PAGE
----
Analysts Debate Bioterror Risks

Even as the United States spends billions of dollars on biological defense initiatives, experts continue to debate the likelihood that terrorists could pull off a major attack using smallpox or another disease agent, ProPublica reported Friday (see GSN, May 20).

"I think in the palace of truth, the scientific community will tell you that the threat of the development of a (terrorist) biological weapon was vastly overblown," said Brian Finlay, an analyst at the Henry L. Stimson Center, said in an interview.

Still, "the threat of a successful dissemination of a dangerous pathogen has consequences that are potentially so excessively catastrophic that not investing resources to prevent even a remote chance of this occurrence would be an egregious abrogation of our government's responsibility to protect Americans," he added.

Significant concerns about bioterrorism first arose in the 1990s following the collapse of the Soviet Union, with experts warning that personnel or pathogens from the Cold War superpower might end up in the hands of rogue nations or extremist groups.

Tabletop exercises in 2001 and 2005 portrayed the potentially devastating impact of smallpox attacks on the United States (see related GSN story, today).

"The most striking response from the participants in both exercises was that for the most part, they had no idea that something like this was possible," said Tara O'Toole, now head of the University of Pittsburgh's Center for Biosecurity, who helped organize the war games, Dark Winter and Atlantic Storm.

However, University of Maryland WMD expert Milton Leitenberg expressed strong skepticism that terrorists could seize smallpox from a biological defense laboratory and then successfully reproduce and disperse the material. "The assumptions that were given [in the exercises] for what the terrorists were capable of doing were completely artificial and fantastical," he said.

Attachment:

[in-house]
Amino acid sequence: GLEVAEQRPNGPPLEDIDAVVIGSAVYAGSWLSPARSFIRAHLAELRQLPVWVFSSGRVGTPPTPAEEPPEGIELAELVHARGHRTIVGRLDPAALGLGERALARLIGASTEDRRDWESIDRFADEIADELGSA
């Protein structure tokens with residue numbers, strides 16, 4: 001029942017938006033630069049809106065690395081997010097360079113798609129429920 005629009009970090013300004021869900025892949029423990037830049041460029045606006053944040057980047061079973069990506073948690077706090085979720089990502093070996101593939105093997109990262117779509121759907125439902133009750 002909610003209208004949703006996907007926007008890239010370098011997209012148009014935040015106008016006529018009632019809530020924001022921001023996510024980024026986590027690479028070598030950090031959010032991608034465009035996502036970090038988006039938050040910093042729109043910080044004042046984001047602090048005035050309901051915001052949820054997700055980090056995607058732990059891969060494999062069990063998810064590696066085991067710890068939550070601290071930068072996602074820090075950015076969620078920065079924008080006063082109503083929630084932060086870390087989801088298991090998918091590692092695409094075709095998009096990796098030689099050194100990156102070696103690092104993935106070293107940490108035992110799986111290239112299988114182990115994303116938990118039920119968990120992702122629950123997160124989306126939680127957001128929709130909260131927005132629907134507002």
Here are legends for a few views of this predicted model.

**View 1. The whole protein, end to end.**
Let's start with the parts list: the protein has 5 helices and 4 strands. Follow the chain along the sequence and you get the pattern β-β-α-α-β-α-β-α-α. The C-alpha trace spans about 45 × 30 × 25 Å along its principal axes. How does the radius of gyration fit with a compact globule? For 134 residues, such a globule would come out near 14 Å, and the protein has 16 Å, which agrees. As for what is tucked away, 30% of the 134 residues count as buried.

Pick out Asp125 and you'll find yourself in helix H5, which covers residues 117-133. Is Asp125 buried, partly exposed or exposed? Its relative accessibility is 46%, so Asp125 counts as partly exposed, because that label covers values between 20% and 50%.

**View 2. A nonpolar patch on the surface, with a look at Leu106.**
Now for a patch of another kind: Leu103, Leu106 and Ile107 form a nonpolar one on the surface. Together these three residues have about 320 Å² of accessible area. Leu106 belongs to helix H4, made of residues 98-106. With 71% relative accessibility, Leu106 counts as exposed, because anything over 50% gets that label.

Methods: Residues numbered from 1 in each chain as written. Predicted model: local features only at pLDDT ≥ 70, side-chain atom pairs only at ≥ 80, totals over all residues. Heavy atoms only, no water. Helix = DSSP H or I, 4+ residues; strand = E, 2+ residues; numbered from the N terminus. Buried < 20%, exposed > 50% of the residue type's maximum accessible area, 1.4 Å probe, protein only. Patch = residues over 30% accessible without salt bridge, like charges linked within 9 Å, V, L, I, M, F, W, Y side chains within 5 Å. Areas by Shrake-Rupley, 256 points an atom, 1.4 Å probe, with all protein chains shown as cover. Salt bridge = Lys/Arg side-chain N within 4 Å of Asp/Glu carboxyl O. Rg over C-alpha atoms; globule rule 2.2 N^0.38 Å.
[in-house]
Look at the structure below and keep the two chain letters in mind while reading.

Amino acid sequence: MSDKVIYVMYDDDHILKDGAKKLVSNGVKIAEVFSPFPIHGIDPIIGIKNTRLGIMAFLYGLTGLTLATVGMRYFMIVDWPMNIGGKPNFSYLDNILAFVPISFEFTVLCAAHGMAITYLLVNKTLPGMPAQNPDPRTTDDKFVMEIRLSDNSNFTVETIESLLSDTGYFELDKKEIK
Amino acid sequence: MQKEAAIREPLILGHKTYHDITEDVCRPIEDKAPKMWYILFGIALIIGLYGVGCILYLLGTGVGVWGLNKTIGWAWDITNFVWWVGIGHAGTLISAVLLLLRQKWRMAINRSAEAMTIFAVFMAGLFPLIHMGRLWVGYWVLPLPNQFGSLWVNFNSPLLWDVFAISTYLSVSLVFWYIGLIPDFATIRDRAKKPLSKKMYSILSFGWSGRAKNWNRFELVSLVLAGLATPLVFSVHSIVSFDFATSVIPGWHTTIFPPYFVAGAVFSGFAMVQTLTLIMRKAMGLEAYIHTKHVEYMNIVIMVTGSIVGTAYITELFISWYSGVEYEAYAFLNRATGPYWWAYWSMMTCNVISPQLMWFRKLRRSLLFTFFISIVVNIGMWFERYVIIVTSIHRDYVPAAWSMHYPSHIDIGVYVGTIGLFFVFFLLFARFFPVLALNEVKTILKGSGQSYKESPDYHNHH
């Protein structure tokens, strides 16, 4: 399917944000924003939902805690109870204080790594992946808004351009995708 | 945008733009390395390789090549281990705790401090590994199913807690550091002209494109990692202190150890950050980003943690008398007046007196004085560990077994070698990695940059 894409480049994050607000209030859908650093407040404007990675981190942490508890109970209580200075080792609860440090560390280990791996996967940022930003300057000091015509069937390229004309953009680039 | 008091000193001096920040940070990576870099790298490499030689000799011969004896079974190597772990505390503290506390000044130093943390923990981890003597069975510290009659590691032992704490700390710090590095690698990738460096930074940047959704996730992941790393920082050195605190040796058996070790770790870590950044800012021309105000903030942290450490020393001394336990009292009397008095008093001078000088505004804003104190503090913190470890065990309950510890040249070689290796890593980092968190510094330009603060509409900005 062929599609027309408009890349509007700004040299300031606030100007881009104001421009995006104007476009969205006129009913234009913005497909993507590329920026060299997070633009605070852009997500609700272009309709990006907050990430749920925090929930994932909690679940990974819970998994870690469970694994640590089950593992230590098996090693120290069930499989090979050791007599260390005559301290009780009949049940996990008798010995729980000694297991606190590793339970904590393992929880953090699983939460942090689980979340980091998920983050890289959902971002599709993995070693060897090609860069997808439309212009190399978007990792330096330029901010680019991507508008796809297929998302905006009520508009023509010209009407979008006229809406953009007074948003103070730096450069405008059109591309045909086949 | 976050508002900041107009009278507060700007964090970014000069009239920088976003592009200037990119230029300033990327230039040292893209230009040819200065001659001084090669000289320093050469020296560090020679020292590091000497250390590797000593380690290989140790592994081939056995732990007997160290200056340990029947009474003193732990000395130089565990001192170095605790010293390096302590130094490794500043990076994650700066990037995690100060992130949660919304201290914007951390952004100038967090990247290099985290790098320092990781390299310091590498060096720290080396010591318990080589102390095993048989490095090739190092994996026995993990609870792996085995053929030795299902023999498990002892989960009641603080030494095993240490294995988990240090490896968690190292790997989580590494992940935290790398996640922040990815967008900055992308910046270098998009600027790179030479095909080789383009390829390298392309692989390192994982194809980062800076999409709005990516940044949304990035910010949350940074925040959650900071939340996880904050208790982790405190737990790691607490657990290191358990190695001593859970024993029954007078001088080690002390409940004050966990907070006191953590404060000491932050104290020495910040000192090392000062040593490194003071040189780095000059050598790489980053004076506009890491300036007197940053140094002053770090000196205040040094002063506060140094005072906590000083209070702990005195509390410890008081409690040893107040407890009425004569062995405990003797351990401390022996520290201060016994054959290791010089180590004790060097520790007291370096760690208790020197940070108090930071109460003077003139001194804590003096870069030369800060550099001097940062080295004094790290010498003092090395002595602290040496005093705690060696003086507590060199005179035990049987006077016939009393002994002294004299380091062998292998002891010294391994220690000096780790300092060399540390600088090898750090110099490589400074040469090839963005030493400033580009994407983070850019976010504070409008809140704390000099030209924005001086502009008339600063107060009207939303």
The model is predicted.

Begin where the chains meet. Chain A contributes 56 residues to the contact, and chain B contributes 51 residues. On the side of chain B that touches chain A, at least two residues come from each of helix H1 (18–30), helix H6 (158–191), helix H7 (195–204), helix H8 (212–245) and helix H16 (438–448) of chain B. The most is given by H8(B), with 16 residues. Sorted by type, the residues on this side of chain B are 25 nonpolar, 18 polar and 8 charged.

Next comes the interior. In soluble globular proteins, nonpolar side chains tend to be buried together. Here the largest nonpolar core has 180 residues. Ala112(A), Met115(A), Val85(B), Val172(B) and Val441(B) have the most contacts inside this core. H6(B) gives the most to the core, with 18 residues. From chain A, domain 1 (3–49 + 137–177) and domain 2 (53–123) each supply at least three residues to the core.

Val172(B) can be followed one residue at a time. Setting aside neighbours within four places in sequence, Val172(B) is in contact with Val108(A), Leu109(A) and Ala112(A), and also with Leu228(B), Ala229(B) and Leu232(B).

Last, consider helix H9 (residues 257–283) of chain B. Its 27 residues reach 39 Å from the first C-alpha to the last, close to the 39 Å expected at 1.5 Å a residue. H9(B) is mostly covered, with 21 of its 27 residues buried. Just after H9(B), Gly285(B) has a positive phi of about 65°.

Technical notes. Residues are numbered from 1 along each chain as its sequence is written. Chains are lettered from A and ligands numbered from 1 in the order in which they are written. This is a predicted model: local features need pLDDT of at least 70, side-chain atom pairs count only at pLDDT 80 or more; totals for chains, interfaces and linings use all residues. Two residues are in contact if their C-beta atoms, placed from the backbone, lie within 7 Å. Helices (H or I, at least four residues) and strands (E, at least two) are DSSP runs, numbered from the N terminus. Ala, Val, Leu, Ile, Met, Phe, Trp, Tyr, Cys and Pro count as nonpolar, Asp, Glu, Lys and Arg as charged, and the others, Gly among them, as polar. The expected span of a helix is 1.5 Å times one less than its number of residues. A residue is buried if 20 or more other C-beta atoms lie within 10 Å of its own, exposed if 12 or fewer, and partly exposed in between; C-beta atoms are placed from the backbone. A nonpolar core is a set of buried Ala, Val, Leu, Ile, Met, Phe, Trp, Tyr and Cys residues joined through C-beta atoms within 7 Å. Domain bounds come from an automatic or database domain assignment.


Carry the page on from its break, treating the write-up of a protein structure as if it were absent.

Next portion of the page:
Leitenberg said he uses information from government and private researchers and security analysts to determine the bioterrorism threat. To date, there are no indications that any group is moving toward a bioweapon capability, he said.

"It's a lot easier than putting together an internal-combustion engine," countered O'Toole, who said the threat is growing and the United States remains unprepared to deal with an incident.

A recent report by a congressionally mandated commission on WMD terrorism and proliferation also warned of the threat posed by biological weapons (see GSN, Dec. 1; Marcus Stern, ProPublica, Dec. 5).

December 11, 2008
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Even as the United States spends billions of dollars on biological defense initiatives, experts continue to debate the likelihood that terrorists could pull off a major attack using smallpox or another disease agent, ProPublica reported Friday (see GSN, May 20).